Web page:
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Twitter blocked, Turkish users say

The US Department of State is "very concerned by any suggestion that social media sites could be shut down.”
A protester uses her mobile phone during a demonstration at Taksim Square in Istanbul June 8, 2013. Turkish Prime Minister Tayyip Erdogan's AK Party on Saturday ruled out early elections as thousands of anti-government demonstrators defied his call for an immediate end to protests. REUTERS/Stoyan Nenov (TURKEY - Tags: POLITICS CIVIL UNREST TPX IMAGES OF THE DAY) - RTX10GYJ

Twitter appeared to be abruptly blocked for many users in Turkey Thursday, March 20, after the Turkish Prime Minister’s office announced that the social media microblogging site would be banned in Turkey.

"In the ongoing situation, Twitter has remained indifferent to remove certain links despite court orders favoring the citizens of the Turkish Republic,” a statement from the Turkish Prime Minister Recep Tayyip Erdogan’s office, published by Sabah and translated by Al-Monitor’s Tulin Daloglu, said.

“We came to [the] conclusion that in order to relieve our citizens, there is no way left beyond blocking Twitter, which disregards court orders, does not obey the rule of law,” the statement said. “Our Prime Minister has drawn attention to this issue in his Bursa rally speech."

The US State Department expressed concern at the reported development.

Twitter Inc. said it was investigating the situation, and was meantime advising customers in Turkey that they could bypass the new restrictions by typing in text on their mobile phones.

“We remain very concerned by any suggestion that social media sites could be shut down,” a State Department spokesperson said in a statement provided to Turkish blogger Ilhan Tanir Thursday. “Democracies are strengthened by the diversity of public voices.”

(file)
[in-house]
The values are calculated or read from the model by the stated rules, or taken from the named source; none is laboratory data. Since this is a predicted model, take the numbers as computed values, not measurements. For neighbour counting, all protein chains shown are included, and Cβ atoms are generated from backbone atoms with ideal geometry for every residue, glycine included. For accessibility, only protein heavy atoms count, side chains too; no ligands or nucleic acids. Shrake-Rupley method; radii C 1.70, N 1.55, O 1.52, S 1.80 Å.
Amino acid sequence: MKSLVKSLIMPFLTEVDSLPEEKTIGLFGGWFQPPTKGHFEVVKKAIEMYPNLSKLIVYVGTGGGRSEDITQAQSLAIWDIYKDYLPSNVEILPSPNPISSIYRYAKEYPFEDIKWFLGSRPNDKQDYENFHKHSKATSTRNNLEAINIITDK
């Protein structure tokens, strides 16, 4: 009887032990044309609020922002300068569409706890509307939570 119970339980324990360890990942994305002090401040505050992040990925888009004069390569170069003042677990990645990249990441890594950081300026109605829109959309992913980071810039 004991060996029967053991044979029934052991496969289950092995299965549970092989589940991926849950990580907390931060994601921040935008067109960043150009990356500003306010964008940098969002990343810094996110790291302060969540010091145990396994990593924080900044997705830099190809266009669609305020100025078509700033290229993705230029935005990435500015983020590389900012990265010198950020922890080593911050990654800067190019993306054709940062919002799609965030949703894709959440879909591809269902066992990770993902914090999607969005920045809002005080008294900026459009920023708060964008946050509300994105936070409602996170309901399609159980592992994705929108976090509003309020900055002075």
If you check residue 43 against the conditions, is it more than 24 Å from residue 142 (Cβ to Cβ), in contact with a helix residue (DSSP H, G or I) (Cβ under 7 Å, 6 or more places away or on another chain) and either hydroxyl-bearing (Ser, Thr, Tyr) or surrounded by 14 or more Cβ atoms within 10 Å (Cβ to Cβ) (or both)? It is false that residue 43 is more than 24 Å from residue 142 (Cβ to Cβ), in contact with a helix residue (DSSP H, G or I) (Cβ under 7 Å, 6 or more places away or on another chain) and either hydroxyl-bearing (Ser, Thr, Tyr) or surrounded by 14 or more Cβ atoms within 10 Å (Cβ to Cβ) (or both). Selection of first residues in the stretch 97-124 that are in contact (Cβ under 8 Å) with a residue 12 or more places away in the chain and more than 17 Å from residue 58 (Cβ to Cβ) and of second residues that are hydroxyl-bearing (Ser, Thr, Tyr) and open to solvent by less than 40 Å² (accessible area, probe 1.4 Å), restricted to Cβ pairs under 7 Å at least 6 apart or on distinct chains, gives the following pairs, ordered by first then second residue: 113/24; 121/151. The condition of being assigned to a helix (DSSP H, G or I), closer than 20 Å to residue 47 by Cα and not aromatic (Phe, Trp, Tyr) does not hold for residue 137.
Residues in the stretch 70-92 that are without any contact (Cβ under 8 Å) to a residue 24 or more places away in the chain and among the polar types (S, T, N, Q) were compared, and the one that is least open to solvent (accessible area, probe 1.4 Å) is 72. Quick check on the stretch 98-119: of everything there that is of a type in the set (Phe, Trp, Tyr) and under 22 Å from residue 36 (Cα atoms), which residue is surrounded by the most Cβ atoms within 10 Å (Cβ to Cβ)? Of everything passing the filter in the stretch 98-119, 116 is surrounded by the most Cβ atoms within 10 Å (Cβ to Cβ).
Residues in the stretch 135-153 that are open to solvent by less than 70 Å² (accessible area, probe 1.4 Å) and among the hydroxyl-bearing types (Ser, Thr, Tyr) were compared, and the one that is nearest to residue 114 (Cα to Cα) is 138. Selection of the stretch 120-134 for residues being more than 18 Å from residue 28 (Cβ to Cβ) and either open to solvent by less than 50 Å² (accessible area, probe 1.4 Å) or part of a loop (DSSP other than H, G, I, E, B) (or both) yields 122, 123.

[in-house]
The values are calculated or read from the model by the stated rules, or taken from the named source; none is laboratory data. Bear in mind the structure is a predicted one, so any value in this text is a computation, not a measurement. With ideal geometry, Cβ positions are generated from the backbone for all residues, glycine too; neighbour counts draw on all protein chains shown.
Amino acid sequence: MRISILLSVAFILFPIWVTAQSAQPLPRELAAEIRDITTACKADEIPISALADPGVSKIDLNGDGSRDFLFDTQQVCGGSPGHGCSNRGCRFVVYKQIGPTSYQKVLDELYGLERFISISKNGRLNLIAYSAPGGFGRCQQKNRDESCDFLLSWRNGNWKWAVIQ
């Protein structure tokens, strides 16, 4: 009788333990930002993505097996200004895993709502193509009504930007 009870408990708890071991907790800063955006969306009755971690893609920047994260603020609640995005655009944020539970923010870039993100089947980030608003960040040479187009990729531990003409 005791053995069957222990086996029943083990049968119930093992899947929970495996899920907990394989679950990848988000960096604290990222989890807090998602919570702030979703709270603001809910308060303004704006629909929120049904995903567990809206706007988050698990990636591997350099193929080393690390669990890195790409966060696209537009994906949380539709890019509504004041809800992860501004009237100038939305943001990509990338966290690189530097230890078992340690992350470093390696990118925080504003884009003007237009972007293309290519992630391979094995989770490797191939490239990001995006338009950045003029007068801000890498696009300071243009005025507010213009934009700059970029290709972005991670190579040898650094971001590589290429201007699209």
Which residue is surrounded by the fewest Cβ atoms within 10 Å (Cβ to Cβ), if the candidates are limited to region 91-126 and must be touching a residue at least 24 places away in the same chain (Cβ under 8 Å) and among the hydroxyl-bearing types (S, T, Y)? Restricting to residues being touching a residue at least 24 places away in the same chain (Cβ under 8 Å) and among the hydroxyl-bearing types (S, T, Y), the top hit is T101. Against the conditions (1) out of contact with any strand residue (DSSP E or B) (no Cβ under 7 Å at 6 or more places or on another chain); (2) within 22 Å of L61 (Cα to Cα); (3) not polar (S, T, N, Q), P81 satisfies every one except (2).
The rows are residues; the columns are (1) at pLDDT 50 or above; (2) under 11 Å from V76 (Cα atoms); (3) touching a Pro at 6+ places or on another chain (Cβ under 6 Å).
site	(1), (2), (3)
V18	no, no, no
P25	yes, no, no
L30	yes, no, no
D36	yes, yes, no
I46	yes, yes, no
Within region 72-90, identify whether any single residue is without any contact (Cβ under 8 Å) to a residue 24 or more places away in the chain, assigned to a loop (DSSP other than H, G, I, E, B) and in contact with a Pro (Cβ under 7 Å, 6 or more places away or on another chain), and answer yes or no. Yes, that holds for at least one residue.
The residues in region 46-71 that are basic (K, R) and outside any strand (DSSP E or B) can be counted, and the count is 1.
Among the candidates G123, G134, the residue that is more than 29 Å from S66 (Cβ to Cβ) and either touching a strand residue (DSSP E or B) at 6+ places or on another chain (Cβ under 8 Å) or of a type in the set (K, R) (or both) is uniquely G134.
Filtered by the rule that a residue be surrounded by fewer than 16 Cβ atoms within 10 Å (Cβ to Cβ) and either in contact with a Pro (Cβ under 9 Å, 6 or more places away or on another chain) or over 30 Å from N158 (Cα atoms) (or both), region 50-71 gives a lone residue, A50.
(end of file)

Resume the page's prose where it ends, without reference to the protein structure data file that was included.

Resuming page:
“An independent and unfettered media is an essential element of democratic, open societies, and crucial to ensuring official transparency and accountability,” the State Department statement continued.

Twitter “published a message on its service on Thursday advising users in Turkey that it was possible to send Tweets using mobile phone text messaging,” Reuters reported.

Twitter's policy site tweeted:

Sources in Turkey told Al-Monitor, however, that based on the new Internet law approved Feb.17, no one will be able to change their IP or DNS address to access to the internet — every click, every move, will be stored for two years. Those who violate this ban — meaning those who find an alternative way to access Twitter from Turkey — therefore could also be considered in violation of the law.

In June 2013, Erdogan had referred to Twitter as a "scourge."

"The biggest lies can be found there. This thing called social media is currently the worst menace to society,” Erdogan said, as recounted by Semih Idiz in his article on the Internet law.

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